|Year : 2012 | Volume
| Issue : 1 | Page : 66-69
Mucopolysaccharidoses type IV A (Morquio syndrome): A case series of three siblings
P Rekka1, PV Rathna1, S Jagadeesh2, S Seshadri3
1 Department of Pediatric and Preventive Dentistry, Meenakshi Ammal Dental College and Hospital, Meenakshi University, Maduravoyal, India
2 Consultant Geneticist and Dysmorphologist, Fetal Care and Research Foundation, MediScan, No. 197, Dr. Natesan Road, Mylopore, Chennai, India
3 Director, Fetal Care and Research Foundation, MediScan, No. 197, Dr. Natesan Road, Mylopore, Chennai, India
|Date of Web Publication||3-May-2012|
Department of Pediatric and Preventive Dentistry, Meenakshi Ammal Dental College and Hospital, Meenakshi University, Maduravoyal, Chennai, Tamilnadu
Source of Support: None, Conflict of Interest: None
| Abstract|| |
Mucopolysaccharidoses (MPS) are a family of inherited metabolic diseases that results from the deficiency of lysosomal enzymes involved in the degradation of the glycosaminoglycans (mucopolysaccharides). Despite the well-documented oral and dental findings of MPS type IV, there is not much literature documented about the incidence of this disorder among siblings in the same family. This report outlines the clinical and radiographic findings found in three siblings with Morquio syndrome.
Keywords: Morquio syndrome, mucopolysaccharidoses type IVA, Mucopolysaccharidoses
|How to cite this article:|
Rekka P, Rathna P V, Jagadeesh S, Seshadri S. Mucopolysaccharidoses type IV A (Morquio syndrome): A case series of three siblings. J Indian Soc Pedod Prev Dent 2012;30:66-9
|How to cite this URL:|
Rekka P, Rathna P V, Jagadeesh S, Seshadri S. Mucopolysaccharidoses type IV A (Morquio syndrome): A case series of three siblings. J Indian Soc Pedod Prev Dent [serial online] 2012 [cited 2022 Aug 11];30:66-9. Available from: http://www.jisppd.com/text.asp?2012/30/1/66/95586
| Introduction|| |
Mucopolysaccharidoses (MPS) are a family of inherited metabolic diseases that results from the deficiency of lysosomal enzymes involved in the degradation of the glycosaminoglycans (GAGs; mucopolysaccharides). These GAGs include dermatan sulfate (DS), heparan sulfate (HS), and keratan sulfate (KS). Chondroitin sulfate (CS) may also be involved. On the basis of clinical and biochemical studies, these disorders have been designated as MPS I through MPS VII. 
Morquio and Brailsford independently reported cases of a disorder characterized by short neck, pectus carinatum, genua valga, pes planus, odontoid hypoplasia, and normal intelligence. Clinical and, later, biochemical and molecular heterogeneity was demonstrated by Dale as early as in 1931. At about 1960, this disorder was recognized as an MPS, caused by lysosomal accumulation and urinary excretion of the GAG, keratan sulfate.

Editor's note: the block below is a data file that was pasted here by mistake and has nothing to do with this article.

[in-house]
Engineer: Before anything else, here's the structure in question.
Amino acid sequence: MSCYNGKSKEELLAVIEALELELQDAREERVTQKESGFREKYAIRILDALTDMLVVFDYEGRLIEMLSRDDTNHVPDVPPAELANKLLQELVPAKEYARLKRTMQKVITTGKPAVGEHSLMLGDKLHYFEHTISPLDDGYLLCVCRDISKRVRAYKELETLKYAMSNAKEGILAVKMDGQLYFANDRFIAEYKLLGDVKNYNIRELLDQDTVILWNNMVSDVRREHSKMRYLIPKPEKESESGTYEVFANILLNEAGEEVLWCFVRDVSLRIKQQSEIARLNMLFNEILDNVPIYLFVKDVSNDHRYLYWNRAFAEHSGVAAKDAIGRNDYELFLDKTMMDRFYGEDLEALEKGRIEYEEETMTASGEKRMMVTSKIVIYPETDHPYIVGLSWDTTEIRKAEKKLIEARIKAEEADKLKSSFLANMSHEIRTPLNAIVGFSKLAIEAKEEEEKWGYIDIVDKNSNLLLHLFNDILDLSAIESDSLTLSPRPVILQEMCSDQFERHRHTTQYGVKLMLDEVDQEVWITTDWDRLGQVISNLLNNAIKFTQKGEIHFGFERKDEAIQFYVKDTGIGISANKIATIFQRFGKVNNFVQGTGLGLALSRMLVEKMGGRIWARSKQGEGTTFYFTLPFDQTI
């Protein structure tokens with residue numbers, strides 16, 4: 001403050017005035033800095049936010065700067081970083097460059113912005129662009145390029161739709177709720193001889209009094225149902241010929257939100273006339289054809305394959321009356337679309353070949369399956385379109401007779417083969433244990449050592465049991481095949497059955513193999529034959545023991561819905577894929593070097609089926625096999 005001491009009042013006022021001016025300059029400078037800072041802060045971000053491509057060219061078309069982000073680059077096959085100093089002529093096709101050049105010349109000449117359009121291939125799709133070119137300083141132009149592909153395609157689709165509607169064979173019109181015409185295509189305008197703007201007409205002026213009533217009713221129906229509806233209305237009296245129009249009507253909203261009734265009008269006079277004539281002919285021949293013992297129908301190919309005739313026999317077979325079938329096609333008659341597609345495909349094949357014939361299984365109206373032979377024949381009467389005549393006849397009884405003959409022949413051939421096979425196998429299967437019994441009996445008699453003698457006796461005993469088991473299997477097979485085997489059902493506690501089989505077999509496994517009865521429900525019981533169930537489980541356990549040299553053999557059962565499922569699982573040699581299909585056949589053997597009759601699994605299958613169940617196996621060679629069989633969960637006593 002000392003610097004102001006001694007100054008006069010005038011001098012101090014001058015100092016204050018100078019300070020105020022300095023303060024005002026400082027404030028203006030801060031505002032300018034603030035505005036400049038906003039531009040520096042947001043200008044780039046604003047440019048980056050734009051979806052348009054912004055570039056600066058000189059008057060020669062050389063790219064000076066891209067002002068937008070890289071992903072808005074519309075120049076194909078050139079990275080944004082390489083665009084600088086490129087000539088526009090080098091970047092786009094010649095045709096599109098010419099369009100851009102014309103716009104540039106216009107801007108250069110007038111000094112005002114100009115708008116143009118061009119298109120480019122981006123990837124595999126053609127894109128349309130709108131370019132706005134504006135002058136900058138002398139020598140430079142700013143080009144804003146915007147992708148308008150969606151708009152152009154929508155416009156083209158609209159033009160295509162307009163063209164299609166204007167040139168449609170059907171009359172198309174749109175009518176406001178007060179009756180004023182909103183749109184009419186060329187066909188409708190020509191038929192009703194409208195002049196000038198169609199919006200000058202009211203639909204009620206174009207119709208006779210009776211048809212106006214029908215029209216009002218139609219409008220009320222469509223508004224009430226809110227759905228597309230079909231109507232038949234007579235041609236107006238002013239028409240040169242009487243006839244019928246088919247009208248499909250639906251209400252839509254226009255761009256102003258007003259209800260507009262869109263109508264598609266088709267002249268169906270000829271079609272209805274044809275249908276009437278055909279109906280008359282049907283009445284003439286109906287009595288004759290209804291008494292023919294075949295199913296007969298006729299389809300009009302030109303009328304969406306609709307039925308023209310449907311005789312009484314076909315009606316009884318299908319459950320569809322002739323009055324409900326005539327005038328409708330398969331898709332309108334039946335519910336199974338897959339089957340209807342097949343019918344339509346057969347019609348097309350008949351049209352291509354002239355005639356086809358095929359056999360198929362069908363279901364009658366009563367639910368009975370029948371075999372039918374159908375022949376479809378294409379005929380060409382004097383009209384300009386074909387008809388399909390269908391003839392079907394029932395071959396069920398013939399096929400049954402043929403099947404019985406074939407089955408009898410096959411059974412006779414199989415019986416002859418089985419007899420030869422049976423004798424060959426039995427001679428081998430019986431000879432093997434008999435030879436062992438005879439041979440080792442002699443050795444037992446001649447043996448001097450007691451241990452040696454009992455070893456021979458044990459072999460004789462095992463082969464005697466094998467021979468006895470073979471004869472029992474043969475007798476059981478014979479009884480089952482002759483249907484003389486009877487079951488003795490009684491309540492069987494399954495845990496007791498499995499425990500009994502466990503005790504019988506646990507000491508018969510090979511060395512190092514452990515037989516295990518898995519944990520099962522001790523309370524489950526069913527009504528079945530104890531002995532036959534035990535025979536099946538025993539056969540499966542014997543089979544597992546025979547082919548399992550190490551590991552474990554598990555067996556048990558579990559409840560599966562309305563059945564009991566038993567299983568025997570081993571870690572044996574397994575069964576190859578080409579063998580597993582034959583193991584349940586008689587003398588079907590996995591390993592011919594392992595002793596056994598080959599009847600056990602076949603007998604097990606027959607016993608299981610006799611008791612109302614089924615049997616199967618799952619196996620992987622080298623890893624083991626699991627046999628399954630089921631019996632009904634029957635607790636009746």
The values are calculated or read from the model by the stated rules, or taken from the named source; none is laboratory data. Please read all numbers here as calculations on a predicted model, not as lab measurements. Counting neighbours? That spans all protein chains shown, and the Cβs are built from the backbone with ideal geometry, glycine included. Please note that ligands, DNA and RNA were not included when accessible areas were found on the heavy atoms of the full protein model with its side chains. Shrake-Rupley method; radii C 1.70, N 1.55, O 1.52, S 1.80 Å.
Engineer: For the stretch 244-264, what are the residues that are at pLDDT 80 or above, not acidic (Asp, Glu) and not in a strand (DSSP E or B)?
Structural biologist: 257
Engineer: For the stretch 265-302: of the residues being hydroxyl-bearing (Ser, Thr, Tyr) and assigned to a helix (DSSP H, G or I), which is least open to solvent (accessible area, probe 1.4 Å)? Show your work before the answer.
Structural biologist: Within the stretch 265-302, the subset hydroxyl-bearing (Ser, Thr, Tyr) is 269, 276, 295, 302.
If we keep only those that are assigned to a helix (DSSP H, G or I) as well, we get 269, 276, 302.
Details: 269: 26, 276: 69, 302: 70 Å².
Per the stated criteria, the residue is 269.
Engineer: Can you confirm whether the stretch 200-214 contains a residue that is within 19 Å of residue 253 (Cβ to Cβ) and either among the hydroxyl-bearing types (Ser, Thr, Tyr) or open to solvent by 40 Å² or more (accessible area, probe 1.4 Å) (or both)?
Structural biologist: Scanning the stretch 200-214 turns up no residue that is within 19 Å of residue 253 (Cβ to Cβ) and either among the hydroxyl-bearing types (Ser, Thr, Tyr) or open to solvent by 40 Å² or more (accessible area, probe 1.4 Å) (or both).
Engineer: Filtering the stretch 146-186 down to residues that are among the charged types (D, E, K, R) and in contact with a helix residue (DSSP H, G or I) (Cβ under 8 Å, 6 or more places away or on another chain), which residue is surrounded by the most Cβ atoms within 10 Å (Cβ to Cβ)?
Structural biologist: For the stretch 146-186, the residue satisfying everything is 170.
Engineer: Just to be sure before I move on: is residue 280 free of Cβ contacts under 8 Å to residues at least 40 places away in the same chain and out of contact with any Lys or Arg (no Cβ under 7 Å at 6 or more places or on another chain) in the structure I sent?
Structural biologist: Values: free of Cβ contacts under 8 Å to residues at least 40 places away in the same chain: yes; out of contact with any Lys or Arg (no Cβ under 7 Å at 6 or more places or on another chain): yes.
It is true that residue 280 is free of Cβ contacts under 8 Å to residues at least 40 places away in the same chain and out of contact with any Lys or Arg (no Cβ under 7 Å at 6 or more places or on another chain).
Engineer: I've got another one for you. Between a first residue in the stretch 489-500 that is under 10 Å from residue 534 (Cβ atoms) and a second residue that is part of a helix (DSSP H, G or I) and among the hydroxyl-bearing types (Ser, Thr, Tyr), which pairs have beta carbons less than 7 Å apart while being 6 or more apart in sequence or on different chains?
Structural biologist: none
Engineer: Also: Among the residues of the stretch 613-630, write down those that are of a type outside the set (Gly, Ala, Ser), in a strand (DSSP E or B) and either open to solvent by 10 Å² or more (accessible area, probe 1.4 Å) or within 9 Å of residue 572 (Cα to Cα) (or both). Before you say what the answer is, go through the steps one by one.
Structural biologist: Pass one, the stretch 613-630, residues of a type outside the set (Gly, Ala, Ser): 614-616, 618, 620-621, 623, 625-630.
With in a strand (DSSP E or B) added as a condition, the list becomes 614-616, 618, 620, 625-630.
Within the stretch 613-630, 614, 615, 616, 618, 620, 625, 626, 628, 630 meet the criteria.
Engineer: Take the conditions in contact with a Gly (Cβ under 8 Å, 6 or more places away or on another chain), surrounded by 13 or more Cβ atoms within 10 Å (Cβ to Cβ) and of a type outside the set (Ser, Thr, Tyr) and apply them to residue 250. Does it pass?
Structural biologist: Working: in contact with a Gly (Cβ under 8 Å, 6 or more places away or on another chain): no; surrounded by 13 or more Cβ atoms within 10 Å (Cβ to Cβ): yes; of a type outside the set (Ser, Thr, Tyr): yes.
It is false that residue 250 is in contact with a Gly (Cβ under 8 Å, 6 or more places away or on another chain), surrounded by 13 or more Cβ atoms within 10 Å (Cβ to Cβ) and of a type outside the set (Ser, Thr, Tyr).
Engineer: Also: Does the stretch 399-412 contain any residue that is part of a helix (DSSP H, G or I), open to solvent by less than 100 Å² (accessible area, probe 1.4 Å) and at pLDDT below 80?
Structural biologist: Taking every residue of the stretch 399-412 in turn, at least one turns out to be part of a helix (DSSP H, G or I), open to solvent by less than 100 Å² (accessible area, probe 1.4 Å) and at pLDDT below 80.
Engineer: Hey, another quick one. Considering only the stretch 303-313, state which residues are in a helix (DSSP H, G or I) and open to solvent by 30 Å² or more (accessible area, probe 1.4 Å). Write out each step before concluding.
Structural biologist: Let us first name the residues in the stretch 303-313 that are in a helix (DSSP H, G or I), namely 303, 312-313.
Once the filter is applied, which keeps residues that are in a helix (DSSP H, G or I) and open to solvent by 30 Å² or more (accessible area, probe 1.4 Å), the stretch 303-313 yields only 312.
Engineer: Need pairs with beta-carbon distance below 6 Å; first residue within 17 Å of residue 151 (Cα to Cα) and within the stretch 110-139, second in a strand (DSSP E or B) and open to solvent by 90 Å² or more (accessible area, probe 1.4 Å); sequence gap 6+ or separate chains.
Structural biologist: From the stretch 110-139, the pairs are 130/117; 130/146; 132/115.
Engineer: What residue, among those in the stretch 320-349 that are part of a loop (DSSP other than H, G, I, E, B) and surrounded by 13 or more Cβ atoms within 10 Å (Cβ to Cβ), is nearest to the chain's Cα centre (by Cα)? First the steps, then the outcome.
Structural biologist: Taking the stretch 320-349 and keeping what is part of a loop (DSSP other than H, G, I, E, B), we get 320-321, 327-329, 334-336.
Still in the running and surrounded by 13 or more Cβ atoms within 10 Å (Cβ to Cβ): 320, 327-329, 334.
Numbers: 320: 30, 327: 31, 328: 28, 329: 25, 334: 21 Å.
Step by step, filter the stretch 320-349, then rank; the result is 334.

Matalon et al. discovered the more common severe form (MPS type IVA), caused by a deficiency of galactosamine-6-sulfate, an enzyme that degrades keratan sulfate. Arbisser et al. described a patient with normal N-acetylgalactosamine-6-sulfate but deficient lysosomal b-galactosidase. This generally milder condition, known as MPS type IVB, has been reported in several patients. All forms of Morquio syndrome have autosomal recessive inheritance. The frequency of MPS type IVA has been estimated to be about 1 in 76,000 to 1 in 216,400. The frequency of MPS type IVB has not been estimated, but it is rarer than MPS type IVA. 
Despite the well-documented oral and dental findings of MPS type IV, there is not much literature documented about the incidence of this disorder among siblings in the same family. This paper presents the oral and radiological findings of three siblings diagnosed with MPS type IVA.
| Case Reports|| |
Three siblings of the same family, aged 16, 13, and 10 years, reported to the Department of Pediatric and Preventive dentistry, Meenakshi Ammal Dental College and Hospital, for routine dental check-up [Figure 1].
|Figure 1: Three siblings of same family with MPS type IVA reported for routine dental check-up|
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The 16-year-old girl had been diagnosed with MPS type IVA when she was 8 years of age. Initial diagnosis was made at MediScan system, Fetal Care and Research Foundation, Mylapore, Chennai, in the light of clinical findings like coarse face, low nasal bridge, and the following radiographic findings which included spatulated ribs, gibbus deformity, vertebra bodies with beak-like projections on their lower anterior margins, and cuboidal shape of the metacarpals. A definitive diagnosis was made upon the detection of a significant increase in keratan sulfate in urine and marked deficiency of galactosamine-6-sulfate activity in her leukocytes, and her blood samples were sent to Taiwan for investigation. Family history revealed that her parents had consanguineous marriage and had subsequently two children at an interval of 3 years between the children. The siblings were also diagnosed with MPS type IVA when they were 5 and 3 years of age, respectively.